As state lawmakers in Albany worked into Wednesday night on a long-term deal on the city's rent regulations, they passed yet another extension bill.
Legislative leaders held a closed meeting with Governor Andrew Cuomo for about two hours Wednesday, and emerged saying they finalized plans to wrap up their now-extended session.
The legislators would not reveal specifics, but said they were working out technical issues with the bill language.
"We have a couple of issues in the rent bill, but over all I think it's okay, and there are no new issues, or no new items coming on," said Assembly Speaker Sheldon Silver.
The new bill is expected to raise the threshold for removing apartments from rent stabilization to $2,500 a month, up from $2,000.
Tenants who make more than $200,000 a year would pay market rent.
Currently, the income ceiling is $175,000.
The agreement will also include a tax credit for housing developers.
The rent deal was also expected to include a statewide property tax cap, but lawmakers were still working Wednesday on when the cap would expire.
In addition to the city's rent laws, legislative leaders also worked Wednesday on components of a bill that would provide mandated relief to local governments outside the city.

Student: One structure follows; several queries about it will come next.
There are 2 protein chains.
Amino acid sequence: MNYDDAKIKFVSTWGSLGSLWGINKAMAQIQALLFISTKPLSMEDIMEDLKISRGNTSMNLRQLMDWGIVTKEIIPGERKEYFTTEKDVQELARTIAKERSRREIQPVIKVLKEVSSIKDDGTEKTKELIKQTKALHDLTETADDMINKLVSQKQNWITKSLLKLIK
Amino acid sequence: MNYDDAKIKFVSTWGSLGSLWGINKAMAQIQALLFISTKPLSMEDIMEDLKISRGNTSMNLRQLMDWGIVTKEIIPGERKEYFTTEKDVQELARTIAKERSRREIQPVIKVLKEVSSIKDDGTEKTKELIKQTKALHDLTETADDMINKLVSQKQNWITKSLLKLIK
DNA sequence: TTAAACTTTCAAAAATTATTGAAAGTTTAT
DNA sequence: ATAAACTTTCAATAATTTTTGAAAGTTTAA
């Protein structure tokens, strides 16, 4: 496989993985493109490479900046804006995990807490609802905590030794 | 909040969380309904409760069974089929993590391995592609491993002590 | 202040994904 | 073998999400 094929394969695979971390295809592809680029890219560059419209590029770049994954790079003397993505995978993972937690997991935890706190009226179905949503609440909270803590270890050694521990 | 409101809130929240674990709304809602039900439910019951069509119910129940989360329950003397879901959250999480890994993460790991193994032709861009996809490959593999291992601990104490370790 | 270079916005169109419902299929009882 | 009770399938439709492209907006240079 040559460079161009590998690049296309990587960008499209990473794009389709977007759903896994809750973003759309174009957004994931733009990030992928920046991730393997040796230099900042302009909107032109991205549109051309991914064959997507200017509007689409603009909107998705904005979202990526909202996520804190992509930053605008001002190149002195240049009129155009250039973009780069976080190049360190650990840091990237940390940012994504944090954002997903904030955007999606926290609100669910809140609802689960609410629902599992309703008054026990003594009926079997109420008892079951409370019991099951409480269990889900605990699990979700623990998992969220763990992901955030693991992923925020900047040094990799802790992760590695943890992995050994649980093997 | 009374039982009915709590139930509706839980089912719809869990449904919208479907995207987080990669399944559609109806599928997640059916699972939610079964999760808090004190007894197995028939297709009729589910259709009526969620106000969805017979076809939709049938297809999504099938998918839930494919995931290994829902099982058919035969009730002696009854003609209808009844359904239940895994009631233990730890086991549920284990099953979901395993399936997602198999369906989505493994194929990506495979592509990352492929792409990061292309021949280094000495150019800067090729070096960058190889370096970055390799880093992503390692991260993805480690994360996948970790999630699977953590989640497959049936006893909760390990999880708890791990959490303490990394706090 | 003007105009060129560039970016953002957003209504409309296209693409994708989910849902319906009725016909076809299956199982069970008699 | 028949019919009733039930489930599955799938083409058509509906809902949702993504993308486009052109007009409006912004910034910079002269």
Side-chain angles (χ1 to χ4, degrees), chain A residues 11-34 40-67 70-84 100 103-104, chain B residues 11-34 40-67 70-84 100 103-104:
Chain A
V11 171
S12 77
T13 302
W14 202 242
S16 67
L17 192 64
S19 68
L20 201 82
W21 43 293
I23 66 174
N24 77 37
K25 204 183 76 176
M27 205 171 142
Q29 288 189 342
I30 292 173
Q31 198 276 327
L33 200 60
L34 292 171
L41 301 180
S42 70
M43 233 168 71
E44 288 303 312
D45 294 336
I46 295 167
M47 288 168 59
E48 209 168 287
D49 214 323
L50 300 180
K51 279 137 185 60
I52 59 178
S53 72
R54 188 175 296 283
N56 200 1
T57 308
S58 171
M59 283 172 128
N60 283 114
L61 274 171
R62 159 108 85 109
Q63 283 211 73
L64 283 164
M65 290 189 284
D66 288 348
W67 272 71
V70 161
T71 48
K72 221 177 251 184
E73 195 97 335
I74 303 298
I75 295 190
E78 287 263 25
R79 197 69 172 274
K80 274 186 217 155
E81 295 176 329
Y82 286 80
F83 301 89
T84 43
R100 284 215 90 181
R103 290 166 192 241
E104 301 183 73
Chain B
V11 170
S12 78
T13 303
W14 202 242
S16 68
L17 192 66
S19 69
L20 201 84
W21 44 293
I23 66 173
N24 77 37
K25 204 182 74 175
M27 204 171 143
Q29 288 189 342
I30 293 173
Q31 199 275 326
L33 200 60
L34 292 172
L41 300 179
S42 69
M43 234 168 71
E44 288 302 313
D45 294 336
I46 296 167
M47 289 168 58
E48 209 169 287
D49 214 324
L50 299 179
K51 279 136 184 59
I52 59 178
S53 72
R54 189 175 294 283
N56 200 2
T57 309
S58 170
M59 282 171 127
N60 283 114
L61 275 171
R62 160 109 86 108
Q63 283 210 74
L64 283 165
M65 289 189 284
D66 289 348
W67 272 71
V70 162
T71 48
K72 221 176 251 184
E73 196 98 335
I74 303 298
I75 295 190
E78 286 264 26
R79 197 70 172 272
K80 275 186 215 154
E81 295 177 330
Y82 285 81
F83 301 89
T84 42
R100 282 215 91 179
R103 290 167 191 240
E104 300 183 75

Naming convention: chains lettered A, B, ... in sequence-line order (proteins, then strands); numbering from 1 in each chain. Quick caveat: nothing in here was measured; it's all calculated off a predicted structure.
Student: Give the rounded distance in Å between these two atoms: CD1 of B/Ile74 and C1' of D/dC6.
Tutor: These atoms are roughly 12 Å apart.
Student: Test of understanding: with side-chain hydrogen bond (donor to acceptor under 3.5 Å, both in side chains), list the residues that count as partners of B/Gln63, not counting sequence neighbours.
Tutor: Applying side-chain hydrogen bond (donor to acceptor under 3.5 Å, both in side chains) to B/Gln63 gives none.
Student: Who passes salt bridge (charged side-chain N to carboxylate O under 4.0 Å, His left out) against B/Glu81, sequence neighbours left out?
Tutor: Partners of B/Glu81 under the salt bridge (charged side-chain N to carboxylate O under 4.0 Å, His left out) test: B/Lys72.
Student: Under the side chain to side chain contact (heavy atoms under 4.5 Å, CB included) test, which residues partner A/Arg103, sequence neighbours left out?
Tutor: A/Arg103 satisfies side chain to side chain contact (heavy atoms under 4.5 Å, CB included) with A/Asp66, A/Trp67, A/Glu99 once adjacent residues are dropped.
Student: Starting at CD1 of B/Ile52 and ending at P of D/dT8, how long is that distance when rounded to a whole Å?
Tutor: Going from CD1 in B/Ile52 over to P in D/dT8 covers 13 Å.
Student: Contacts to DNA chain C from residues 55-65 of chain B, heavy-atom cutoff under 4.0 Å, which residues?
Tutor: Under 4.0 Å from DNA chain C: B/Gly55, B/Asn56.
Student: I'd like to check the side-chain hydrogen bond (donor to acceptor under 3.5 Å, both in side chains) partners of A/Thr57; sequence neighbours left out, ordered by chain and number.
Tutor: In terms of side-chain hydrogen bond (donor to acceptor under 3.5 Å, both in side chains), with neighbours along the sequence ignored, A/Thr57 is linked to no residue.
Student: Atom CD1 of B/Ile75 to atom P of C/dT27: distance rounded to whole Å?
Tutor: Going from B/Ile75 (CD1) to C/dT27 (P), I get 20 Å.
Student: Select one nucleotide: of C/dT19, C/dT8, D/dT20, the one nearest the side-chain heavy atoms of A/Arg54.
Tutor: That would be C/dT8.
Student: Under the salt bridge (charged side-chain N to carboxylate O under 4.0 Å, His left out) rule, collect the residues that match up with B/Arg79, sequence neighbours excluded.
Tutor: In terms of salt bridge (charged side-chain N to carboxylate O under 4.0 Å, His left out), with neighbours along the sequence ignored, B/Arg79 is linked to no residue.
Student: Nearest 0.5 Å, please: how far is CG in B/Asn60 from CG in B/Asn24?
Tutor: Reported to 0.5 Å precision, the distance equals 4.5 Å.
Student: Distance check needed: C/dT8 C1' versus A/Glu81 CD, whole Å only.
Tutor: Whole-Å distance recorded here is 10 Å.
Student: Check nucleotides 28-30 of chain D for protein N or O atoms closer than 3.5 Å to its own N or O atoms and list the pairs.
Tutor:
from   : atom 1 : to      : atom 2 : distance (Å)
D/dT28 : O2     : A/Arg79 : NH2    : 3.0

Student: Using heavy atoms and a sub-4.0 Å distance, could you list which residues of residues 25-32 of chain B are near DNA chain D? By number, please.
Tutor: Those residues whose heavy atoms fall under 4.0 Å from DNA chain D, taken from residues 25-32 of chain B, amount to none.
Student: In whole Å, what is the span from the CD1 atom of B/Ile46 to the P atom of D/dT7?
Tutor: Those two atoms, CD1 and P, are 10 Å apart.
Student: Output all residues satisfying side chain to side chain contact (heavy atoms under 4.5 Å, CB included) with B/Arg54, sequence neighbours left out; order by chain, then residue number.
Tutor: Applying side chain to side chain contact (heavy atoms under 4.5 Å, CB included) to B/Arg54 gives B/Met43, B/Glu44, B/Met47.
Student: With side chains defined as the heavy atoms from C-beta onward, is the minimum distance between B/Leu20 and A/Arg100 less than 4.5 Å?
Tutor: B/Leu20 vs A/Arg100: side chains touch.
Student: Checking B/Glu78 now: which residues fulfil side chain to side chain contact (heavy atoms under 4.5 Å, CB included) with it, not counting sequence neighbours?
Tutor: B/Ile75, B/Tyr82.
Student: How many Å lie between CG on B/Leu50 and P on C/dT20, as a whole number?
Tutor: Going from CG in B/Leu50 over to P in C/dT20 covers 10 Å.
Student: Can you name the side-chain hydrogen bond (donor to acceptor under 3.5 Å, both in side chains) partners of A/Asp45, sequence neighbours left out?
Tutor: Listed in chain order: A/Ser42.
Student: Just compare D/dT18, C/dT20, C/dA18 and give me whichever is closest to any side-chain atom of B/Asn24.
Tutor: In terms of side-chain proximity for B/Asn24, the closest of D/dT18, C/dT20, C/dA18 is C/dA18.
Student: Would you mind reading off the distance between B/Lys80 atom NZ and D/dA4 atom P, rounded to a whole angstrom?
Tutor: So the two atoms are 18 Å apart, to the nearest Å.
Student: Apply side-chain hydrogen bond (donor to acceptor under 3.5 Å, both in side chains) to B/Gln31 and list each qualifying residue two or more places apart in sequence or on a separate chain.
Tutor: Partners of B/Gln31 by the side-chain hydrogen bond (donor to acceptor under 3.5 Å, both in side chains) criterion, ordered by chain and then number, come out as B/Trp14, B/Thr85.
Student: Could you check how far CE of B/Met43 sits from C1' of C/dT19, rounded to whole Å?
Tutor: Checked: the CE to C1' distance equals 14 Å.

A bill reinstating the power plant citing law was said to be floor-ready on Wednesday, as well as a plan to raise SUNY and CUNY tuition $300 annually over five years.
Meanwhile, the State Senate may hold as early as Thursday a vote to legalize same-sex marriage.
Dueling demonstrations for and against the measure flooded the halls of the state capitol on Wednesday.
As of Wednesday, the senate was believed to be one vote shy of passing the bill.
Senate Majority Leader Dean Skelos said Wednesday he was still working on a deal with Governor Andrew Cuomo for enough protections for religious groups. Senate Republicans would then decide whether to vote on the bill.
"My colleagues and counsel's office are looking very closely at the religious protections, and I think they're walking through that. And once we have that final legislation we will then discuss it with the conference," said Skelos.
Silver said the assembly, which has already passed a bill, was willing to vote on any chapter amendment dealing with religious protections.